The long job of bringing the New Zealand DNS up to date will be all but over this morning, with cancellation of the last hundred or so unregistered domain names, from around 8000 when ISOCNZ took over management of the New Zealand DNS nearly a year ago. The ISOCNZ Registry will signal its next move in time for its first birthday.
Spokesman Patrick O'Brien says that the Registry began cancelling old domain names on July 1, in consultation with the ISPs who were listed as hosting the names.
"We've been dribbling the changes through on a day by day basis, and what that means to us operationally, is that if we had caught anyone who was using the DNS but was unknown to us and their ISP and thus lost service, we could easily bring them back up. We've taken a pragmatic approach."
O'Brien says the Registry will now focus on chasing bad debtors, a process which began about a month ago, and "once I catch my breath, I'll be putting a few words out on our Web pages as to where we go to from here.
"It's our first birthday on the 22nd of July- the first anniversary of charging - and for that I'll lay out what I think the next things are in the coming six months."
The main Registry Website will also absorb the better features of the "full registration" pages which accompanied the campaign to update the old "pre-July" domain names. O'Brien says the notably friendly site is rare in world terms.
"I've looked around the world at registry companies like ourselves and there are very few that talk to you in plain English, and there are very few places around the world where you do get full Web access like we have here."
The Registry itself appears to have continued to improve it performance. Figures for the last six months show 75% of new names have been listed in one working day, and 98% in two days.
"You won't get better than that, apart perhaps from the States," says O'Brien. "We would be the best little service provider in the Registry business around the world - guaranteed. Then there's the ease of use, especially for the non-technical person, and the low price - we're the second cheapest in the world among registries that charge."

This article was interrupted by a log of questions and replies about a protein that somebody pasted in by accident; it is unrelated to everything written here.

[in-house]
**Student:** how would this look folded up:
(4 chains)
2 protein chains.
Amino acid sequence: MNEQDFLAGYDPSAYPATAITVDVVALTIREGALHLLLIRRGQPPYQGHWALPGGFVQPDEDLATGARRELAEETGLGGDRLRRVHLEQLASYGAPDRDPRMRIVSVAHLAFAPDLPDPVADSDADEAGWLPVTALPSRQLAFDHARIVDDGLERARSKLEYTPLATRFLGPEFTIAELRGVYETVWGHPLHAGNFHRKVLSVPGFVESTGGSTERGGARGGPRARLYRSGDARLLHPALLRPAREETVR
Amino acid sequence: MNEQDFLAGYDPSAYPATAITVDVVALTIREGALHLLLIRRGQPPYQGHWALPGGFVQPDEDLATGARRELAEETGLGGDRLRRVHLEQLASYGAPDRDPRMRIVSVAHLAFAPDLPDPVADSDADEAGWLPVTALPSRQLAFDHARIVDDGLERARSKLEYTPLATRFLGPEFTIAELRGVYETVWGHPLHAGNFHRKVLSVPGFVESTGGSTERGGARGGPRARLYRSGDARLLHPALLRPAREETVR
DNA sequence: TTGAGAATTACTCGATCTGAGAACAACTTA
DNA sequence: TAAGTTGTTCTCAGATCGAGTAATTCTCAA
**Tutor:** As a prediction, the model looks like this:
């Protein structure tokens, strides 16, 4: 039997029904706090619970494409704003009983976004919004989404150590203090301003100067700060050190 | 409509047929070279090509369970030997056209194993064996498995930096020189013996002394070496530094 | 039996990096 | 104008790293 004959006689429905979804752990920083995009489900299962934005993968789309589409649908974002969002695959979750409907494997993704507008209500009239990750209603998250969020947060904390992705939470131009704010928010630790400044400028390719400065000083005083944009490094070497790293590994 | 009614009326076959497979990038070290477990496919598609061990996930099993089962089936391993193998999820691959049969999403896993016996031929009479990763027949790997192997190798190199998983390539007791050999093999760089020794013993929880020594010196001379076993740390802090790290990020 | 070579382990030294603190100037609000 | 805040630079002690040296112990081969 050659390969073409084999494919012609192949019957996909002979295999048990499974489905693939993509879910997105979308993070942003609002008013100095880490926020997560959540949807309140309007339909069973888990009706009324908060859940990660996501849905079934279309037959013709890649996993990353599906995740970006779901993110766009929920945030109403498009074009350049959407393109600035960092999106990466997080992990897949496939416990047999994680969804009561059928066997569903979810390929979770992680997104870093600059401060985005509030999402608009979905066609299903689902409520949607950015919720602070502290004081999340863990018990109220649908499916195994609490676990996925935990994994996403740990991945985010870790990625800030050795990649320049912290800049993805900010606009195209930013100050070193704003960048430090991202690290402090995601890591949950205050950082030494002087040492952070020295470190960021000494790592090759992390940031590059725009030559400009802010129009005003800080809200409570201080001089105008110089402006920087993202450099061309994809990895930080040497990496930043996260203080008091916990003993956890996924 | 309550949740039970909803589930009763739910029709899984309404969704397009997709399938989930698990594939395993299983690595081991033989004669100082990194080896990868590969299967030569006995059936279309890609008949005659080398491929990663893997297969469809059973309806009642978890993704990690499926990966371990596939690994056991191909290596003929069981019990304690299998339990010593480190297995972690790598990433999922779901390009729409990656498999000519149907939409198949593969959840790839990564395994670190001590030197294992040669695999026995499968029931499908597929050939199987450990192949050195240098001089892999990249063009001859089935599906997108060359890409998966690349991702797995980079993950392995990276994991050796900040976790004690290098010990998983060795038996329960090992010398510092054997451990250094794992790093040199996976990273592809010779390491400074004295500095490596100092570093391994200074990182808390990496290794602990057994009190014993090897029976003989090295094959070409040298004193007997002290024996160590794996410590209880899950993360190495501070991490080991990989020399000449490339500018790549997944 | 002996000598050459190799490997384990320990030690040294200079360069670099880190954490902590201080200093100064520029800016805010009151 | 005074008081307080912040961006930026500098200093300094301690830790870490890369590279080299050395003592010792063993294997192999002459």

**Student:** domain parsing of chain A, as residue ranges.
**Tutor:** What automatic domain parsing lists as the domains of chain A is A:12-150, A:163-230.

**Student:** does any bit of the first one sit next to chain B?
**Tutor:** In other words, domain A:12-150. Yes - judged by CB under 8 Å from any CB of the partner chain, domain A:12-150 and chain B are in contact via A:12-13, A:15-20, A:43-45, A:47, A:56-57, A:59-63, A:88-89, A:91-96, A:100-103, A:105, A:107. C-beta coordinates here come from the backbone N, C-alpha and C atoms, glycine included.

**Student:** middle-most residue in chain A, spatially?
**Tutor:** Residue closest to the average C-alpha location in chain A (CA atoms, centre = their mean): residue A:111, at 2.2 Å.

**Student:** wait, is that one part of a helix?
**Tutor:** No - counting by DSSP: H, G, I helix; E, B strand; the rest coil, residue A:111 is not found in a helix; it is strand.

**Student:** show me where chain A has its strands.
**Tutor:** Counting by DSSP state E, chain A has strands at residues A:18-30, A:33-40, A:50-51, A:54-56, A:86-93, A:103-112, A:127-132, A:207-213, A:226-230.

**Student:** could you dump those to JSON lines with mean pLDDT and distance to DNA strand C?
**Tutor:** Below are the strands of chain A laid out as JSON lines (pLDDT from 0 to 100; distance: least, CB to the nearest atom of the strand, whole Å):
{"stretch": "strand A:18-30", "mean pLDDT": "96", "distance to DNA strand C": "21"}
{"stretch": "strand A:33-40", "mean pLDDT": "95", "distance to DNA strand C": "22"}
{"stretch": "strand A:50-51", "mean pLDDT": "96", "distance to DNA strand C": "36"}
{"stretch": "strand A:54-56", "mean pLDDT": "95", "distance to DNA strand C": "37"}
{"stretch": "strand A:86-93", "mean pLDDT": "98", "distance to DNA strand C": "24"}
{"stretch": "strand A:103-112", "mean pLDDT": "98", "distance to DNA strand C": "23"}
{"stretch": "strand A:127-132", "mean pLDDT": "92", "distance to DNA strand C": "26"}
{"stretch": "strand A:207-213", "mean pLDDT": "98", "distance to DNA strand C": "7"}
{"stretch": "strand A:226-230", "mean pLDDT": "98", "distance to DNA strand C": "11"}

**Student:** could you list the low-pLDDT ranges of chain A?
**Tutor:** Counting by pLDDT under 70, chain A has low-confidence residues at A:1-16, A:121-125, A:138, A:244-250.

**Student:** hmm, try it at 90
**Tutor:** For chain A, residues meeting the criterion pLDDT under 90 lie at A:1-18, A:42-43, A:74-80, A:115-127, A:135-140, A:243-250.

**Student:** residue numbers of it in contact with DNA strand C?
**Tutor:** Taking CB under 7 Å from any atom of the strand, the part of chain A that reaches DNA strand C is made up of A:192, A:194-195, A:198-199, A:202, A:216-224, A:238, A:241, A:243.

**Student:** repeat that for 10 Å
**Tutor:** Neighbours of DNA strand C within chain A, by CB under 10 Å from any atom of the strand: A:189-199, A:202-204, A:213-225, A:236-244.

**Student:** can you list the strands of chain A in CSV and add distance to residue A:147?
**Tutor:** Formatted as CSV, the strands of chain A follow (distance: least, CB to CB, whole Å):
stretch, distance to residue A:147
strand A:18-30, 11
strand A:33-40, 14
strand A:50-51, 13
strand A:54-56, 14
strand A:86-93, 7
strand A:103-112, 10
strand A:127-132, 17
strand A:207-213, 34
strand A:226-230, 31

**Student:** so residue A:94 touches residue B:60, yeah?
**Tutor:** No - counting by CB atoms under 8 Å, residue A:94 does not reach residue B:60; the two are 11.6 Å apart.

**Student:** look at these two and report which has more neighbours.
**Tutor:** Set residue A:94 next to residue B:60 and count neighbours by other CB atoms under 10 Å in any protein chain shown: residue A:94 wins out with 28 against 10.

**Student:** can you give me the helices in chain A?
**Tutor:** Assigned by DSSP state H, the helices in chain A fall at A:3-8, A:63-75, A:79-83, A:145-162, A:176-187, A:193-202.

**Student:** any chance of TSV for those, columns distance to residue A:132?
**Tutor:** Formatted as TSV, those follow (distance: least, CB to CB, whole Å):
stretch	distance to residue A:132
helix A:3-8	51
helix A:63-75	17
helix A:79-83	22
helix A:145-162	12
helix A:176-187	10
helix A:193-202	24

O'Brien says registering or cancelling all the existing names in the DNS "has been a lengthy and challenging process - and the idea in all of it has been not to cut people off. It's been to say if you want the name, get the name listed."
It appears that very few name holders have received the unpleasant shock of logging on to find their Internet services have disappeared.
"I'd always estimated there'd be around 50 people we'd cancel and have to put back on. But we've really got nowhere near that. We've reinstated about 20 people whose names appeared on the cancellation lists, but nothing dramatic, they've just taken a long time to go about doing it."
"There was one last week, and the reason they had an issue was they were a fourth-level name parented off a third-level name that was cancelled. The company had gone out of business, but it was just one of those quirks that someone out there was still parented off their name."
No .govt names have been cancelled, all of them having been fully registered by early last week.
Meanwhile, cancelled names are now listed in the Registry database alongside the date when their 60-day holding period expires and they become available to all comers.
Among potentially useful generic names already cancelled are cdrom.co.nz, newsmedia.co.nz, cgi.co.nz (available Sept 1); music.co.nz (Sept 5); natural.co.nz and power.co.nz (Sept 6). The names forex.co.nz and land.co.nz were among those to be cancelled today.
Among company domains, continuum.co.nz and live-strauss.co.nz have been cancelled, and among those to be cancelled today were stlukesgroup.co.nz, letraset.co.nz and kmart.co.nz - all of them apparently originally registered by the relevant companies.
Late registrations were made for a number of names, including software.co.nz (reclaimed by Wellington's Software Shop on June 30) and sanitarium.co.nz (registered on July 1).